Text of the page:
I’ve watched the steady advance of leftist control in public education ever since my own career began in 1975. In 2000, I had to pick out a textbook for 8th graders, but all texts by the standard publishers contained a pronounced left-wing bias and they were costly. I told the principal if I could pick save him money and purchase two cheaper texts for each student: leftist A People’s History of the United States by Howard Zinn and conservative: A Patriot’s History of the United States by Schweikart & Allen — I could get both for far less the price of one standard text. I could then compare and contrast perspectives in each of my lessons. He said that would be fine if I were to continue teaching, but what if I retired? What was the likelihood that whoever replaced me could do that?

I had to admit it wasn’t likely and had to pick one of the standard, leftist texts: Prentice Hall’s The American Nation, the most-used text in the country at the time. I didn’t like it but figured I would offer students contrasting perspectives from other sources when the bias got too strong. As bad as The American Nation was, it seems middle of the road now compared to what is mandated in Illinois — as well as in California, Colorado, New Jersey, and Oregon where similar laws have been passed. The left controls education thoroughly now, kindergarten to graduate school, and the LGBT lobby is riding high.

Illinois teachers' guide from Human Rights Campaign
Illinois’ Evanston/Skokie schools adopted a curriculum like what will be mandatory next year across the state. The equal sign logo of the Human Rights Campaign — the nation's largest, most powerful LGBT lobby — is stamped all over the materials. Children 3-5 are told about Jazz, a boy who wanted to be a girl. They see a video in which he reads from a book about his transition that made him happy. At the end, Jazz says: “To all the kids out there who are seeing this book for the first time, I just want to say that you can be like Jazz. You can be your true self.”

Illinois teachers' guide from Human Rights Campaign
The left insists homosexuals and transgenders are born that way, but what if they aren’t? Research at Brown University strongly suggests that: “‘Rapid-onset gender dysphoria’ [transgenderism] may be a social contagion linked with having friends who identify as LGBT, an identity politics culture, and an increase in internet use.” Are public schools turning into laboratories for LGBT identity culture?

Thursday, October 10, 2019

Left & Right October 9, 2019

Jim Wilfong of Stow, Maine again sits in the left chair for this show. We open with a question from our producer: "Do you support Trump's decision to pull troops out of Syria?"

Jim doesn't. He thinks it a very bad idea to abandon our allies, the Kurds, who have helped us at least since the First Iraq War under President George H.W. Bush, and in every operation in the region since. I have mixed feelings about the move.

We go on for some time discussing 100 years in the region's history back to WWI, after which the British and French carved up the former Ottoman Empire into the nation-states as they exist today, but they divided Kurdish tribal areas assigning parts of "Kurdistan" to Turkey, Iran, Iraq, and Syria, and not one of those countries is well disposed to the Kurdish minority within its borders. All see the Kurds as a troublesome, rebellious minority of which they'd prefer to rid themselves.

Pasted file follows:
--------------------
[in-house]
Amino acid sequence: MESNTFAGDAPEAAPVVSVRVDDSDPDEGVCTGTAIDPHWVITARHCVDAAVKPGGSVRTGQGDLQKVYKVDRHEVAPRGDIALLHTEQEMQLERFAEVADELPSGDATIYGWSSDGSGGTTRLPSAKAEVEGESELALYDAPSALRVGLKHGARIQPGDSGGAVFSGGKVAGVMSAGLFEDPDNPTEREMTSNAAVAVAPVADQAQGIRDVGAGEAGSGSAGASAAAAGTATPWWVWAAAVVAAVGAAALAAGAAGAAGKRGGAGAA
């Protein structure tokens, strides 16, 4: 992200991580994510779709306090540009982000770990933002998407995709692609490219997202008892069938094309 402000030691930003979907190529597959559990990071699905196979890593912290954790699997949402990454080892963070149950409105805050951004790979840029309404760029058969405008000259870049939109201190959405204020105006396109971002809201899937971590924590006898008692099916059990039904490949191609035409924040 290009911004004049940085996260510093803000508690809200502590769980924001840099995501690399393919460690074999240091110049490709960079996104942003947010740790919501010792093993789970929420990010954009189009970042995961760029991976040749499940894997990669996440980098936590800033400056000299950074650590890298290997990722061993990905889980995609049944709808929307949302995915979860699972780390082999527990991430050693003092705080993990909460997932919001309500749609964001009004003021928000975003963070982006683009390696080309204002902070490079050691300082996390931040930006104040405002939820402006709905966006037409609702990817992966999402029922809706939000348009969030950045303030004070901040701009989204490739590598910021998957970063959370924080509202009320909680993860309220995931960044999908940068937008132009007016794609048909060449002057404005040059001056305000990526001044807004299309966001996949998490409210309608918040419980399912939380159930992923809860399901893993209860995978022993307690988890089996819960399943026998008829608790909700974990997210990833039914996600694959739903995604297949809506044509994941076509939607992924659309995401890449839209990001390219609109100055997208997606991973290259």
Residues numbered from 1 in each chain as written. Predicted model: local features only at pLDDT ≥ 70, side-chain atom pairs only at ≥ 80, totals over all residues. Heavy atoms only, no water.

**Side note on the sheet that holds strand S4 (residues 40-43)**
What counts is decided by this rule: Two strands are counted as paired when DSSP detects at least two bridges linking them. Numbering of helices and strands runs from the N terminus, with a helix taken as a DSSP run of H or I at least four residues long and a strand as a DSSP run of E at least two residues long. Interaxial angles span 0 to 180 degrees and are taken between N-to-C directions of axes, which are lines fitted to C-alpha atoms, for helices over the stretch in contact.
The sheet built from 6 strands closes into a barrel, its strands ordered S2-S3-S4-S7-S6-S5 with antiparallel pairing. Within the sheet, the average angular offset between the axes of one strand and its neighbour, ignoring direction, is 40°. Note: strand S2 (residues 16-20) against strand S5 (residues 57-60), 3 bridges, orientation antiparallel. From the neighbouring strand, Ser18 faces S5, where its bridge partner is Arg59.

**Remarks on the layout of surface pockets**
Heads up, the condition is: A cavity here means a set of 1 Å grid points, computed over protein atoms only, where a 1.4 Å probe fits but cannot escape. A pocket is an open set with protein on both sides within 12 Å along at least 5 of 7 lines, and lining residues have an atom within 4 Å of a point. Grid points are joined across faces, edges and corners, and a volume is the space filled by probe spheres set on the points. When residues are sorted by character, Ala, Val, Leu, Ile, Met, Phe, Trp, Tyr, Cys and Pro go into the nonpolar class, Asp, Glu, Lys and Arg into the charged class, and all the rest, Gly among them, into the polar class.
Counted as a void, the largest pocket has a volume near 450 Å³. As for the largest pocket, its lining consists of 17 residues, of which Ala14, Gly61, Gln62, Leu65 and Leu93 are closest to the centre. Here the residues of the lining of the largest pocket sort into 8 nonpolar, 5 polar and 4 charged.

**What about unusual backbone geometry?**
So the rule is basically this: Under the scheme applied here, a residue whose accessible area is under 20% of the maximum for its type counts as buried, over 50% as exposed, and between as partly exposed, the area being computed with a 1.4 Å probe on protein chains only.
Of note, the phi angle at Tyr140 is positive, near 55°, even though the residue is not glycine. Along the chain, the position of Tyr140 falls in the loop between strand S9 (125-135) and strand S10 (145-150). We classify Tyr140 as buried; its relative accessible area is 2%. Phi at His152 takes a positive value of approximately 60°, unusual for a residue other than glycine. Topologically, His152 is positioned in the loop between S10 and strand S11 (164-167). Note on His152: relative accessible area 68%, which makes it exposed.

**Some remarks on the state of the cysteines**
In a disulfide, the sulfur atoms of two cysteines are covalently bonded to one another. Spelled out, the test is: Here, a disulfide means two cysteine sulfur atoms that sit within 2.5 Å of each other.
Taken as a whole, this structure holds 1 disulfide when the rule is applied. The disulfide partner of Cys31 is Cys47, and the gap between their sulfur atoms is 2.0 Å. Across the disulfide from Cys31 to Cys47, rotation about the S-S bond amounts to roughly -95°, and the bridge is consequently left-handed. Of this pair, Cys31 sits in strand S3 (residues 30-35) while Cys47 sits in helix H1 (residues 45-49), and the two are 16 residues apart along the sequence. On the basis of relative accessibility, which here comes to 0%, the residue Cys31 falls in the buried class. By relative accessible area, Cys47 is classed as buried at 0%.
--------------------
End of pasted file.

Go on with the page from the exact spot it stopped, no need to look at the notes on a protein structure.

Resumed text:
We go into Constitutional history in which the Founders gave Congress the power to declare war until Lyndon Johnson was given the power to conduct the Vietnam War by the Gulf of Tonkin Resolution in the 1960s. Then came the War Powers Act of 1973 which limited the president to act only in emergency situations, and then for only 30-60 days until Congress decides the issue. That, however, is being mostly ignored by successive presidents and Congress has allowed them to.

Jim goes into the Petroleum Politics of the region, citing that we are no longer dependent on Persian Gulf oil, but China and Europe are. He says Turkey is strategic as a site for pipelines for getting Russian natural as to southern Europe. Iran and the Emirates are also interested in getting their natural gas out the same way.

We spend more than half the show on these complicated issues in what is collectively called "The Middle East."

Then we shift to impeachment. I read a 1788 Federalist paper quote from Alexander Hamilton on the subject. He saw impeachment as a divisive and political process more than a legal process.

We examine the House "inquiry" going on now and conducted in secret, that media reporting on much of it is by unnamed sources, a "high government official speaking anonymously," and so forth. We compare the impeachment process in the 1860s for Andrew Johnson, in the 1970s for Richard Nixon, and in the 1990s for Bill Clinton with how it's going now. There is a consistent thread for the first three but not for what the Dems are doing to Trump so far in 2019.

Time runs out before we can thoroughly explore the Supreme Court case about a transexual person fired by a funeral home.

Tuesday, October 08, 2019